3. ResultsFrom January 1, 2009, to December 31, 2010, a total of 497 water and food-borne outbreaks were investigated and reported to KCDC and 66 (13.3%) were defined as E coli-origin outbreaks. The distribution of subtype is shown in Table 1. EPEC was the most common subtype of E coli, being confirmed as a causative organism in 26 outbreaks, followed by 20 of ETEC, seven of EHEC, five of EAEC, and eight of mutual or other subtypes.EPEC outbreaks had, as a whole, 11,302 population at risk and 1791 cases were defined as EPEC related cases. Its overall attack rate was 15.9% (range 0.9–100.0). This wide range of attack rate mainly comes from the variety of outbreaks; from an outbreak of small group less than five, but all are defined cases to that of group food service in a school over 1,000 students but had small cases.Among these 26 outbreaks, to presume a more precise incubation period of EPEC, we selected 13 outbreaks that had an obvious identified single-point
4. DiscussionIn 2010, EPEC was one of the three most common causative organisms of water- and food-borne outbreaks in Korea, next to norovirus and salmonella. When an outbreak has occurred, sophisticated epidemiologic investigation is important to determine the source of infection, the exact pathogen, and how it is transmitted through the persons. Prompt and exact response upon investigation is crucial to prevent spread of disease to local community. In this process, to identify correct pathogen is a key point to layout a whole outbreak. However, laboratory results are not the only concern when determining the cause; epidemiologic characteristics should always be considered together.Appropriate standards or guidelines for epidemiologic features of certain pathogens are important when the field outbreak investigation begins. Incubation period is a core-determining factor in these guidelines for inferring the causative organism of outbreak with epidemic curve. Nevertheless, the incubation period of EPEC is not well established in guidelines, including that of KCDC. The WHO guideline states that the EPEC incubation period is 1–6 days (as short as 12–36 hours) . However, it is just ‘variable’ in the guideline of CDC . Moreover, in the past reports, Nakamura and colleagues said it can be as long as two to 20 days, though it can be chiefly 1–5 days . However, in Korea, when there is an EPEC outbreak, it is often as short as 6 hours or less.Our results suggest that MIP of EPEC is not just ‘variable’. ‘Outbreak with clear single exposure history’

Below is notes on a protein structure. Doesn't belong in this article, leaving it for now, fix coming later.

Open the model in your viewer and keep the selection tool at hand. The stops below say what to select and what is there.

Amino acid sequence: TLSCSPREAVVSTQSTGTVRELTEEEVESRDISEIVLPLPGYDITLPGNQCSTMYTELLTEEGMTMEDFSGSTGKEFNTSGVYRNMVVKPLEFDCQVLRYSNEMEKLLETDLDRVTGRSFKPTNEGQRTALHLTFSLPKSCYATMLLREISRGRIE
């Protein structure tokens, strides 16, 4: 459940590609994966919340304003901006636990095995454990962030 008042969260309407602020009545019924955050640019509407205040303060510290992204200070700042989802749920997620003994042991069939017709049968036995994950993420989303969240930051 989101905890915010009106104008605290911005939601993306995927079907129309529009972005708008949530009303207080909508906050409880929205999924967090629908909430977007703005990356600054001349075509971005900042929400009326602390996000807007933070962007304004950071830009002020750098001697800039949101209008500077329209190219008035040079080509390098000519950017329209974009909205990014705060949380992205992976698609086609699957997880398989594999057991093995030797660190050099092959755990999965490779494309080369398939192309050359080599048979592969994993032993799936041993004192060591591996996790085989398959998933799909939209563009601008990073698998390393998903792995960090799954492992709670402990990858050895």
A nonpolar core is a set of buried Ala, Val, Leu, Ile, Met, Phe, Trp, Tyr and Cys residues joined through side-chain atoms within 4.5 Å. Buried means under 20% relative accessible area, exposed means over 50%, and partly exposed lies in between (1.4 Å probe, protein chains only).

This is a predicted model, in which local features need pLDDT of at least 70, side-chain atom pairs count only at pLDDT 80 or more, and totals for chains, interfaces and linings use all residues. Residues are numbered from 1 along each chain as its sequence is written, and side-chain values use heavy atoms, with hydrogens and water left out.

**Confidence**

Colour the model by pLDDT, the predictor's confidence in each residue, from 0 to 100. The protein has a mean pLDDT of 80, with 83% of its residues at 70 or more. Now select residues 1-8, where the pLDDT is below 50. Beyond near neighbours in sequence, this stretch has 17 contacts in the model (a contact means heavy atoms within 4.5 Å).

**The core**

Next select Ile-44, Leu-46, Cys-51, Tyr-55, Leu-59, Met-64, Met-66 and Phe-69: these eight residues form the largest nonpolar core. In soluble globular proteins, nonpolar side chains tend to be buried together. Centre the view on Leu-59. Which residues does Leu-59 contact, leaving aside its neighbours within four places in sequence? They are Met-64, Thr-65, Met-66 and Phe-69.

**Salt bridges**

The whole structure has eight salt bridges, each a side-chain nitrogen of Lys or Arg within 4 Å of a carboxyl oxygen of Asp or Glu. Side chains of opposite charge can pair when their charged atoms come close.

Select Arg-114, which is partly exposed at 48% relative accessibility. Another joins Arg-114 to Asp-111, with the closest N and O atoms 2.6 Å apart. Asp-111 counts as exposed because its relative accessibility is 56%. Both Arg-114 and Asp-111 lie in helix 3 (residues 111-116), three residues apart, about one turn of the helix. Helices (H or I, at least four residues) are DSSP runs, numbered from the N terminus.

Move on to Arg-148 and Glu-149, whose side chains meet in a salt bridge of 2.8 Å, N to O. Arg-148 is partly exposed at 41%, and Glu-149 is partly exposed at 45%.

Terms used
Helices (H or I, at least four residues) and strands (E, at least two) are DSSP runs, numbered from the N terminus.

5. ConclusionThe clinical and other epidemiologic characteristics of EPEC are well known. However, its incubation period is not well-established in guidelines for epidemiologic investigation. We estimated roughly the incubation period of EPEC with limited data in 2 years for 2009 and 2010. Nevertheless, this serial analysis suggests that EPEC has a relatively shorter incubation period, i.e., as much as about 12 hours. When this period is 1 day or more, then EIS officer should consider the chance of repeated or continuous exposure and focus his or her investigation on determining whether the cases truly have a single-point exposure. It has not yet been discovered whether this difference comes from the type of EPEC (typical vs. atypical), so further investigation through laboratory support should be performed in the near future.